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Women-Centric laws in India: Examining the Impact of India's Gender-Specific Legislation

yatra nāryastu pūjyante ramante tatra devatāḥ।

yatraitāstu na pūjyante sarvāstatrāphalā: kriyā: ॥

This Shlok means that Divinity flourishes in places where women are respected. All deeds and rituals are futile where they are Dishonored.

In most parts of the world where patriarchy has taken over the women had their roles to play. They were treated equal to men. Because as per the Hindu scripts' women are compared to "Devi". Women still in India are Involved in every activity and are even surpassing men in every field. But the History is Evident that time by time atrocities against women had been increasing and Children and Women became the most Vulnerable Sections of the Society.

By the History it is conferred that in the time of Vedic Period the position and situation was good, they were given rights to participate in assembly, debates and were also given equal religious status. The condition worsened post the Vedic period or in fact after the Mughal invasion in Indian Subcontinent. Purdah System, Female Infanticide, Abduction and Forced Marriages, Exploitation of Women in Wars and Sati Practice are the major atrocities that were faced by women and girl child specially.

Women has also faced major cruelty in the British Era, Child Marriage, limited Access to Education, Social Restrictions, Violence and Abuse are the Major Atrocities that were faced by women. Compiling of all the things the basic conclusion derived from this is that as seen from the Vedic period the situation of women in Indian Society has been constantly declining has still has not regained its original identity yet.

In recent decades, India, a nation with a diversified population and a rich cultural legacy, has undergone a tremendous change in how it views women's rights and gender equality. The Indian government has made aggressive steps to alleviate gender gaps through the enactment of women-centric policies, acknowledging the historical and systemic obstacles faced by women. In addition to empowering women and fostering a more inclusive society, these laws seek to shield them against various forms of violence, discrimination, and inequality.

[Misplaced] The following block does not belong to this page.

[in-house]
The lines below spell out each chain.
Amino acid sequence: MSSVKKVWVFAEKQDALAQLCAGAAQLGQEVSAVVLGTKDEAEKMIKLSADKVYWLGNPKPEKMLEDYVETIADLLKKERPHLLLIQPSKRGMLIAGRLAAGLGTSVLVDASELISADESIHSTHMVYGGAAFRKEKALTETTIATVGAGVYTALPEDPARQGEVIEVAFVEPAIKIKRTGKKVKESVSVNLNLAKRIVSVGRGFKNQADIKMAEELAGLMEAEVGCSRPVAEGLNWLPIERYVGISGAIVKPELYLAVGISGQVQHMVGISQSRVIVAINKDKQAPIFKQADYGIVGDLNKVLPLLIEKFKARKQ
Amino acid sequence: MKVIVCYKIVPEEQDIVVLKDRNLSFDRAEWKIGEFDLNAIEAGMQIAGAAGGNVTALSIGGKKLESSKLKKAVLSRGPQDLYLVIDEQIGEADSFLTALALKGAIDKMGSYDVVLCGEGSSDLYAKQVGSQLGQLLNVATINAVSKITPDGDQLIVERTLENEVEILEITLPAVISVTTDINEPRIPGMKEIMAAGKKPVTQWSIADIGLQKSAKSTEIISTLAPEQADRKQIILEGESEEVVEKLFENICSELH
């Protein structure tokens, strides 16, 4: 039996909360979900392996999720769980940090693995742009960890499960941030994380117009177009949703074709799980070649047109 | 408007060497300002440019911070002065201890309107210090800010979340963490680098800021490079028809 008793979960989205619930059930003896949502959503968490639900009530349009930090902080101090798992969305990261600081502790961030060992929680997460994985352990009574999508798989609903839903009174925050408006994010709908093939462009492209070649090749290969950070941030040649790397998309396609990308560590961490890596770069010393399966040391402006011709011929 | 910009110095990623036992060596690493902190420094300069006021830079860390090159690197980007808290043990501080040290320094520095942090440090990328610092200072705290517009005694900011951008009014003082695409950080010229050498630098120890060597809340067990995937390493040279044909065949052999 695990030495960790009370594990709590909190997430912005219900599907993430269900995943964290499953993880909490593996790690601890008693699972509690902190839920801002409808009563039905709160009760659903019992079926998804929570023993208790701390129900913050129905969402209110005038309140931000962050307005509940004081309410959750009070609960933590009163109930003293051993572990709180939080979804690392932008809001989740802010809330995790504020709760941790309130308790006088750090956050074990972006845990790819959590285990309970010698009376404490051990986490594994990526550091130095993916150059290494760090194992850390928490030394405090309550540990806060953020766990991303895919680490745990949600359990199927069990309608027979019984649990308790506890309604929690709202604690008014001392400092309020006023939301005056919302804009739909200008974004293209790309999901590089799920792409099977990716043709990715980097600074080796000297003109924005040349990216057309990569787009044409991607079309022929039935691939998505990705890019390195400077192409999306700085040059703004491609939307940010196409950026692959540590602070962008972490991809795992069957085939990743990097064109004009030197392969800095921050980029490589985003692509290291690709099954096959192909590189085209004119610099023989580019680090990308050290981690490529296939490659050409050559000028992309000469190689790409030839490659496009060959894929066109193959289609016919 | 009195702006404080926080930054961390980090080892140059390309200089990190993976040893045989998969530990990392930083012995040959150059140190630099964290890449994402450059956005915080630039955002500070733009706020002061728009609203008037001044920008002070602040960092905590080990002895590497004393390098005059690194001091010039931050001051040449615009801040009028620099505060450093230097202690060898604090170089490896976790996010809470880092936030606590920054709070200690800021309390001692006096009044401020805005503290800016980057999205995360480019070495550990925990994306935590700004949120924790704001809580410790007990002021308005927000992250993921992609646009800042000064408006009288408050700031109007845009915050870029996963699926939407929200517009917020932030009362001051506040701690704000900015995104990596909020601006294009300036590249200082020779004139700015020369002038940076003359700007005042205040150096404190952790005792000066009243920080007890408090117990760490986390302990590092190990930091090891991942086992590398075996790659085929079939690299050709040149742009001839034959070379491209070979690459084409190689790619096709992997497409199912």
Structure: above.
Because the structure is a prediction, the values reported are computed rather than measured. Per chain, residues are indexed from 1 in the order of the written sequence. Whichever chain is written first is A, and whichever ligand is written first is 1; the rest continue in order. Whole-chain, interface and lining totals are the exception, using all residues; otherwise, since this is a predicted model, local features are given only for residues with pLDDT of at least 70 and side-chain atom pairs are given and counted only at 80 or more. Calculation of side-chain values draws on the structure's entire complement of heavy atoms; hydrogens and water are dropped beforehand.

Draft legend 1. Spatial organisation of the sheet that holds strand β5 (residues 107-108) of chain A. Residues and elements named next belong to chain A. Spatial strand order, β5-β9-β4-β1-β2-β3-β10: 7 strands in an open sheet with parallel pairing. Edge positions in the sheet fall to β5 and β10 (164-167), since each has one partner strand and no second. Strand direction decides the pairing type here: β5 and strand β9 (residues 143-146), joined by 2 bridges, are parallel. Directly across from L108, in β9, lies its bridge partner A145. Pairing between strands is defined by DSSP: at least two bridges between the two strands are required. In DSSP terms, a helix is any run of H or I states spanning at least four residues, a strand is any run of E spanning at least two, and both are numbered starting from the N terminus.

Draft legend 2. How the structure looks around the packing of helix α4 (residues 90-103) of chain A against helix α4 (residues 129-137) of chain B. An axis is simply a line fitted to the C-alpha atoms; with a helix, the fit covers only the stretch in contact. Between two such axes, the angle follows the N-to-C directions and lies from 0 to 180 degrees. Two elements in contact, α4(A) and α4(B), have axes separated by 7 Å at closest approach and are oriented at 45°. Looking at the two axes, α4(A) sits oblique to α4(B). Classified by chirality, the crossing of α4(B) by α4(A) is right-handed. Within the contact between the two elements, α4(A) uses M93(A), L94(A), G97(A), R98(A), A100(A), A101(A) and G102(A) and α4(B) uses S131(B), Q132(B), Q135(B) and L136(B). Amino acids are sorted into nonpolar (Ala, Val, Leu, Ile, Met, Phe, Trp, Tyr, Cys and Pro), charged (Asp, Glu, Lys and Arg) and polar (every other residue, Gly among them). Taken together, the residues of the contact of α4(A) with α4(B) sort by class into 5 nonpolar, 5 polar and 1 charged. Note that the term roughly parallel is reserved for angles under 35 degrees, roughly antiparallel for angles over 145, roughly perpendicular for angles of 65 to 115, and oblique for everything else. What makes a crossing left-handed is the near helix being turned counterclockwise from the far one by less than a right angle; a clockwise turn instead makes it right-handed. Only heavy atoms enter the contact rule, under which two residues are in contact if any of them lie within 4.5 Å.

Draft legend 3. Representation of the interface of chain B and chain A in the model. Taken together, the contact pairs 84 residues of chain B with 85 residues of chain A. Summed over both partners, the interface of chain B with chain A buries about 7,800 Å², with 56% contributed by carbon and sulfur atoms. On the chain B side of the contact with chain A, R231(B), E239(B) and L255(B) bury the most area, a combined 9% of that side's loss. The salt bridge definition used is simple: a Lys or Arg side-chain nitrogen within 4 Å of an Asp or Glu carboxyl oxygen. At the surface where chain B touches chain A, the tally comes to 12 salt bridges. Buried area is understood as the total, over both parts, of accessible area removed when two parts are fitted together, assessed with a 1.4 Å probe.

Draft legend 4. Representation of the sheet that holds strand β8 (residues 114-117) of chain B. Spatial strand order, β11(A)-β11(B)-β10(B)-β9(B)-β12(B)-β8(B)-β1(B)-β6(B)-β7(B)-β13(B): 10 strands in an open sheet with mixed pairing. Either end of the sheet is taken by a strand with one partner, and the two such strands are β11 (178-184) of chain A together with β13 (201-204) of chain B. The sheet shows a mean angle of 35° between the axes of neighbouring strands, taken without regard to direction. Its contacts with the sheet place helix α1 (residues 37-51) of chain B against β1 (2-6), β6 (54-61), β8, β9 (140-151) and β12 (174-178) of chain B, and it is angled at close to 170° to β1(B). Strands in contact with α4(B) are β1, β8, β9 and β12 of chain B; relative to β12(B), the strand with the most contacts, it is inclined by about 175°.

India has over the years passed a variety of laws addressing problems encountered by women, such as dowry-related offences, domestic violence, workplace harassment, and inheritance rights. These statutes demonstrate an increasing dedication to ending discriminatory practises and guaranteeing women's equal access to justice, opportunities, and resources.

Following independence, the government made numerous efforts to stop violence against women.

Constitutional Safeguards:
The Constitution of India, 1950 safeguards the right for the individuals living in Indian Subcontinent as per Part III of the constitution with the Title of "FUNDAMENTAL RIGHTS". This part in the Constitution doesn't talks about women explicitly or directly but as a person or a citizen of this country their basic rights starts from the Constitution part III.

Article 14: Right to equality is one of the important fundamental rights of Indian constitution that guarantees equal rights for everyone, irrespective of religion, gender, caste, race, or place of birth. It ensures equal employment opportunities in the government and insures against discrimination by the State in matters of employment based on caste, religion, etc.

Article 19: This Right mainly talks about Right to freedom of speech and expression.

Article 21: Right to Life of a person that he should be not deprived of his personal liberty and life until there is a procedure established by law.

However, these are the mainly the basic rights that do not directly talk abut women but someway or the other they are inclusive of women. But Article 15 states that nothing in the article shall prevent state for making special laws for women.

Indian Penal Code:
The Indian Penal Code of 1860 is the official criminal code of Indian Territory. It also has many Explicit mentioned Substantial laws related to women.

Section 304B: This Section states that if a husband or the family of the husband subjects the woman to cruelty because of "demanding of dowry" and if the death of woman occurs then the husband or relative shall be deemed to have caused her death and shall be punished shall be punished with imprisonment for a term which shall not be less than seven years, but which may extend to imprisonment for life.